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|Articles - March 2010|
|Friday, February 26, 2010|
William Kelly co-founded Learning.com in 1999 with high hopes that the online education company would revolutionize the way students, teachers and parents communicated with each other.
“The first business plan of Learning.com failed by the summer of 2000,” says the CEO, a 45-year-old Portland native who started his first business — selling ice cream — at age 12.
But rather than go the way of many other dot-coms of the era, Learning.com refocused. The company shifted its technology away from being a means for parents to, say, check on their kids’ homework assignments, to one that improved classroom teaching through the delivery of web-based instructional materials.
A little more than nine years later, Learning.com serves more than 2 million students in 46 states. Its flagship product, a K-8 technology literacy curriculum called EasyTech, has spawned assessment and classroom management tools as well as supplementary programs in math and science. Annual revenue now tops $20 million, and new communication tools, along with an in-the-works parental interface, are keeping Learning.com’s original aims a part of the company’s long-term outlook.
“We took a little roundabout path to get to our original vision,” Kelly says, “but I think we’re back to a much-enhanced, much more realizable version of that original vision.”
A 1987 graduate of Brigham Young University with an MBA from Harvard, Kelly says that Learning.com has been able to capitalize on the evolving education market as it’s expanded to include new technologies and online offerings alongside traditional print materials. A prime differentiator, he says, has been the company’s focus on customer service, which is entirely different for web-based curriculum than for textbooks.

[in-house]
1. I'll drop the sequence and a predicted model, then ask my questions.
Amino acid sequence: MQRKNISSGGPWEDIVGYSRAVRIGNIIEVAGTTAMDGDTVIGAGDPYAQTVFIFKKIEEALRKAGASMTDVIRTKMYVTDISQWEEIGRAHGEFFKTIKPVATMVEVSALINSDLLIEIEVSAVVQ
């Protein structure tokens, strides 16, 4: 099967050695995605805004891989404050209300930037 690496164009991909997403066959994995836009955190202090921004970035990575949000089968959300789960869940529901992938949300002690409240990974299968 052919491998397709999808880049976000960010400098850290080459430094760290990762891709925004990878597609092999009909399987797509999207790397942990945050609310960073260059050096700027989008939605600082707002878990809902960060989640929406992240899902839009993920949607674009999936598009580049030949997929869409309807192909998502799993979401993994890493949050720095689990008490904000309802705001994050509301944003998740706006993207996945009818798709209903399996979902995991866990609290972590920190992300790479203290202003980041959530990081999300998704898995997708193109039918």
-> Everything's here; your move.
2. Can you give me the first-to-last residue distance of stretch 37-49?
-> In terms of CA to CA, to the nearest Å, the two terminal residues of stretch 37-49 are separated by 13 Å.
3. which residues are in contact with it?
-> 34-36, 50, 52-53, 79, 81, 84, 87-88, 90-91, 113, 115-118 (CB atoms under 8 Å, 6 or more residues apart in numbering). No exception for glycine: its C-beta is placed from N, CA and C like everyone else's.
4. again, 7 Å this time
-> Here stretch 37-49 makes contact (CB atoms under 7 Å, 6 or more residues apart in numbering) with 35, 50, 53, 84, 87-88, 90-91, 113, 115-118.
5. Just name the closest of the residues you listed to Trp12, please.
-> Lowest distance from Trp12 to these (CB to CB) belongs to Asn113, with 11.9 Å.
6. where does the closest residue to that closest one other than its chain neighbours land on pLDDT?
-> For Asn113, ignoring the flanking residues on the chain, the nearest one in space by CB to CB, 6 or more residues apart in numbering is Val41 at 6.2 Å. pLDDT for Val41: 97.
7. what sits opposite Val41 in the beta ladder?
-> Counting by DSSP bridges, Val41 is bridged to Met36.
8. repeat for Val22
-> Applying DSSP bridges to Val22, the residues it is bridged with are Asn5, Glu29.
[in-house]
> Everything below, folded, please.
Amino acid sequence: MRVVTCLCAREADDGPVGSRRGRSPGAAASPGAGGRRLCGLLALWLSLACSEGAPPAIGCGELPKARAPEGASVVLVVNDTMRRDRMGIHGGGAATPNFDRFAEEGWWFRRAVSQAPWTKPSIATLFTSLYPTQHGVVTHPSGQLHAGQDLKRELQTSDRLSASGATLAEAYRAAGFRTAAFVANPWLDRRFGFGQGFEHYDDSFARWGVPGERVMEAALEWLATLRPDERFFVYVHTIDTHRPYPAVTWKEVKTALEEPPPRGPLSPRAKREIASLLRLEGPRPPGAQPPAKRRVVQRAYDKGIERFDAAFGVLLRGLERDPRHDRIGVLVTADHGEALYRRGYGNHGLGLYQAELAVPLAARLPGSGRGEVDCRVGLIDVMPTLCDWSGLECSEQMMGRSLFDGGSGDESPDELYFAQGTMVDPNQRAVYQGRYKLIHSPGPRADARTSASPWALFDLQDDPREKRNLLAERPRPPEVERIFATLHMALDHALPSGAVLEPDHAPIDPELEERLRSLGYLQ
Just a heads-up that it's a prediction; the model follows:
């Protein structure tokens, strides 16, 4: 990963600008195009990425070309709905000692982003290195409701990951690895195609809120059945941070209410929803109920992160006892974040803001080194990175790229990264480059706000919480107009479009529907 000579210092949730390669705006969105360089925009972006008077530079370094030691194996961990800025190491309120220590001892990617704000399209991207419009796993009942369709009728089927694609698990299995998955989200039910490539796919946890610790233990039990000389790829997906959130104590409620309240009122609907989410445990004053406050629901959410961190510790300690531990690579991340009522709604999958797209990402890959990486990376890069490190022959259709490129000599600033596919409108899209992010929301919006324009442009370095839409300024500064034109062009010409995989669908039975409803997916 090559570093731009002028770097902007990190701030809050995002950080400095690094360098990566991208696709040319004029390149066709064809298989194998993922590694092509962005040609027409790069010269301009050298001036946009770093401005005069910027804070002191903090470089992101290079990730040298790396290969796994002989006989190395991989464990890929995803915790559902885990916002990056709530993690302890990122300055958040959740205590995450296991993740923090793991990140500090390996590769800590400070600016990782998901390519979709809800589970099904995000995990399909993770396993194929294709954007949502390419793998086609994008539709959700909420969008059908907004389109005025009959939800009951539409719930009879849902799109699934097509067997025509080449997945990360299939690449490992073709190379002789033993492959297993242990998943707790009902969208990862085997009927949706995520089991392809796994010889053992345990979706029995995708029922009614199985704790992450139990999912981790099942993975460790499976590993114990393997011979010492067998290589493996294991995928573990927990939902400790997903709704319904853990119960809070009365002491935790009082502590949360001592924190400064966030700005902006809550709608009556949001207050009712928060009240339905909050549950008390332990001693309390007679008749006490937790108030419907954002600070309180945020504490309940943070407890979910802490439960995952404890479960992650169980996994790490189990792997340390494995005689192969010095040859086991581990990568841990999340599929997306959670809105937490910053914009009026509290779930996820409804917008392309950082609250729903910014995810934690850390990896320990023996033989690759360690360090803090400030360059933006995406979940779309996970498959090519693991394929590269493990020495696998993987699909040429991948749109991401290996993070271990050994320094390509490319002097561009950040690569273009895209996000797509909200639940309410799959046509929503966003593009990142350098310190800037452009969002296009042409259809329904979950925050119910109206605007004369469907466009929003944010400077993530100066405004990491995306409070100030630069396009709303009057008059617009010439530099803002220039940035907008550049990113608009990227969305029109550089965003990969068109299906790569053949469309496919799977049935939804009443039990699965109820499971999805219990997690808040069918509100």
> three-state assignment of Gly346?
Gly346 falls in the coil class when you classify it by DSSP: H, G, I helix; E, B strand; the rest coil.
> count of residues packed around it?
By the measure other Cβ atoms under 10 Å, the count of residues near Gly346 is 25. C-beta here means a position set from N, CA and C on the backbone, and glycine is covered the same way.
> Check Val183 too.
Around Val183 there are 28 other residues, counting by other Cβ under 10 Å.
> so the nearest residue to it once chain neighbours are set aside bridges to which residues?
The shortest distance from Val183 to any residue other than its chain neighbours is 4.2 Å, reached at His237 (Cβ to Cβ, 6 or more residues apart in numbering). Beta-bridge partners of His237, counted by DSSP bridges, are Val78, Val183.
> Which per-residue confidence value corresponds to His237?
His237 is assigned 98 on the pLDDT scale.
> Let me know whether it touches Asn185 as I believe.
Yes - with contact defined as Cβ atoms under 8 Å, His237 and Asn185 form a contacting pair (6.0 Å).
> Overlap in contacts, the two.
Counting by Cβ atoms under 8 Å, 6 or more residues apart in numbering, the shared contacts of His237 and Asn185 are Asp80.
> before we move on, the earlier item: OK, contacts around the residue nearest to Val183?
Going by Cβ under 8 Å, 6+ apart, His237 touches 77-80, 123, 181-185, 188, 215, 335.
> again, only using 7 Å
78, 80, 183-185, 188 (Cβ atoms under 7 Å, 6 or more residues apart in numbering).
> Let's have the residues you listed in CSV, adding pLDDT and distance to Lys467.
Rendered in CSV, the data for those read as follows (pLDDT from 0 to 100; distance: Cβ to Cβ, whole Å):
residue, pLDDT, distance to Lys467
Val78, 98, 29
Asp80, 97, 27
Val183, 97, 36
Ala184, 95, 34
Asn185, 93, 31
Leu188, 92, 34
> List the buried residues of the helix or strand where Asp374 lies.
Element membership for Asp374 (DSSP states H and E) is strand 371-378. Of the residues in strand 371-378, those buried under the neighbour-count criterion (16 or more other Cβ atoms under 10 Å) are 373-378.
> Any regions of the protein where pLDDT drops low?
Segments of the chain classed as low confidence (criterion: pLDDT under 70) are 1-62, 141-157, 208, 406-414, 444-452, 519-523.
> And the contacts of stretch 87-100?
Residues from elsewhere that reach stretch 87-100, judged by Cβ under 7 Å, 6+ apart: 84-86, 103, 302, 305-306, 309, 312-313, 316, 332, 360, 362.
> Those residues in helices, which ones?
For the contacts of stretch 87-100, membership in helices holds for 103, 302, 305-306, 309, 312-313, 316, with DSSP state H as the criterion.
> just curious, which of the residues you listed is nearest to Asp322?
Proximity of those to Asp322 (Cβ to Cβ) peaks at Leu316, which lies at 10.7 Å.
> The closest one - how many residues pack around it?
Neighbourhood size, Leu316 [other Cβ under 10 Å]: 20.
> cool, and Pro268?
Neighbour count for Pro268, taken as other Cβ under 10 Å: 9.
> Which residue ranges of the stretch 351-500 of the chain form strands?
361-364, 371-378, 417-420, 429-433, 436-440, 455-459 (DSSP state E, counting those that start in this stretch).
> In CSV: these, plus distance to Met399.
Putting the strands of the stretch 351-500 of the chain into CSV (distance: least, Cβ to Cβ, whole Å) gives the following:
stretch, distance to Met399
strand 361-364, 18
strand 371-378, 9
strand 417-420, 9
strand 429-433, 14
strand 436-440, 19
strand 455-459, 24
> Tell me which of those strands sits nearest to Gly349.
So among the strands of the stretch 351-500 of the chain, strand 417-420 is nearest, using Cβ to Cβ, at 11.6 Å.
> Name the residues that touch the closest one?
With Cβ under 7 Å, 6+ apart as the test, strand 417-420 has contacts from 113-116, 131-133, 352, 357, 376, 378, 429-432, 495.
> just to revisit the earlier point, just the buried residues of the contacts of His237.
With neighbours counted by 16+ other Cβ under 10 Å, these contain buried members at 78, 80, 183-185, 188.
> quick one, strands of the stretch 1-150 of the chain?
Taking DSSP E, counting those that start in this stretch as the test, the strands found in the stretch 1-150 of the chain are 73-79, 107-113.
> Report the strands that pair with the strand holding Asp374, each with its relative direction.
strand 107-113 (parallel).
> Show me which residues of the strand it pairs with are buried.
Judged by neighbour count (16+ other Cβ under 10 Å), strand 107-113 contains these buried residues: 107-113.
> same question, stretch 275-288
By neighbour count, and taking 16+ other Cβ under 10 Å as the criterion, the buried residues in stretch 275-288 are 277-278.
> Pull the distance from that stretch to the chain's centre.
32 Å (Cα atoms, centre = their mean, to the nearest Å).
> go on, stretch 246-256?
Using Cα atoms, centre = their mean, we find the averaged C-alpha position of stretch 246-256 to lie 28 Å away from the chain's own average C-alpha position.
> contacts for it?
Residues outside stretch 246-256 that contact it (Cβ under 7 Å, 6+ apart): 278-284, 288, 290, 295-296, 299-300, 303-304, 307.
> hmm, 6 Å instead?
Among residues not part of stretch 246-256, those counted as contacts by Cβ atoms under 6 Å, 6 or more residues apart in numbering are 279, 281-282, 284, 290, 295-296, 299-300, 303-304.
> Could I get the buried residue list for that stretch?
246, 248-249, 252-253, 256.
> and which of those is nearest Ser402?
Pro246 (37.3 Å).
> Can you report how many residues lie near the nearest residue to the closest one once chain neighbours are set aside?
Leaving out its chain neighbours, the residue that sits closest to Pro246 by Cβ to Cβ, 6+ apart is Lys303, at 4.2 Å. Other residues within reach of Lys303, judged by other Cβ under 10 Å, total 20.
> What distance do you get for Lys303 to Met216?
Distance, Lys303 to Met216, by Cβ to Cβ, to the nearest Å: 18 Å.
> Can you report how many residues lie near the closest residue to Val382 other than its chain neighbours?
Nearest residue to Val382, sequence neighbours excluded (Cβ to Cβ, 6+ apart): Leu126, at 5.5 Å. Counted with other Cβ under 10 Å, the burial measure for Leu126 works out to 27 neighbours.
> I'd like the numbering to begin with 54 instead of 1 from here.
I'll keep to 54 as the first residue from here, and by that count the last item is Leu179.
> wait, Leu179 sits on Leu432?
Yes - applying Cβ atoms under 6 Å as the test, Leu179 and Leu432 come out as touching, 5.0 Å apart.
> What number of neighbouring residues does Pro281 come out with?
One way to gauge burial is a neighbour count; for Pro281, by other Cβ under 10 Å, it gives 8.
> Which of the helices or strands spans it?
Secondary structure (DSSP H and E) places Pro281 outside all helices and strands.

Negotiating a distribution agreement for EasyTech in Texas with the large educational publisher Pearson a few years ago, Kelly says he was continually injecting the idea of customer service.
“I was always getting this quizzical look back,” he says. “Turns out their idea of customer service was an 800 number you call if your books don’t show up.”
For Learning.com, however, customer service means ongoing technical support, new functionality, content updates and more.
“It’s fundamentally different than the way textbook publishers have gone about doing business over the past 100 years,” Kelly says.
Along the same lines, because of the electronic nature of Learning.com’s offerings, the company is able to provide school districts detailed reports on how students and teachers are using content. In a state like Texas, which spends more than $700 million a year on textbooks, such feedback might come in handy not just for maximizing educational results, but for controlling costs as well.
“We’re talking about real money here,” Kelly says, “So to do that in a way that there’s no visibility about how [materials] actually get used is just crazy.”
In addition to its partnership with Pearson, Learning.com has forged fruitful relationships with other partners, including ASUS, a computer notebook manufacturer, and Kendall Hunt Publishing. There’s also EduComp Solutions, an education technology company in India that bought up 51% of Learning.com’s shares for $24.5 million in 2008.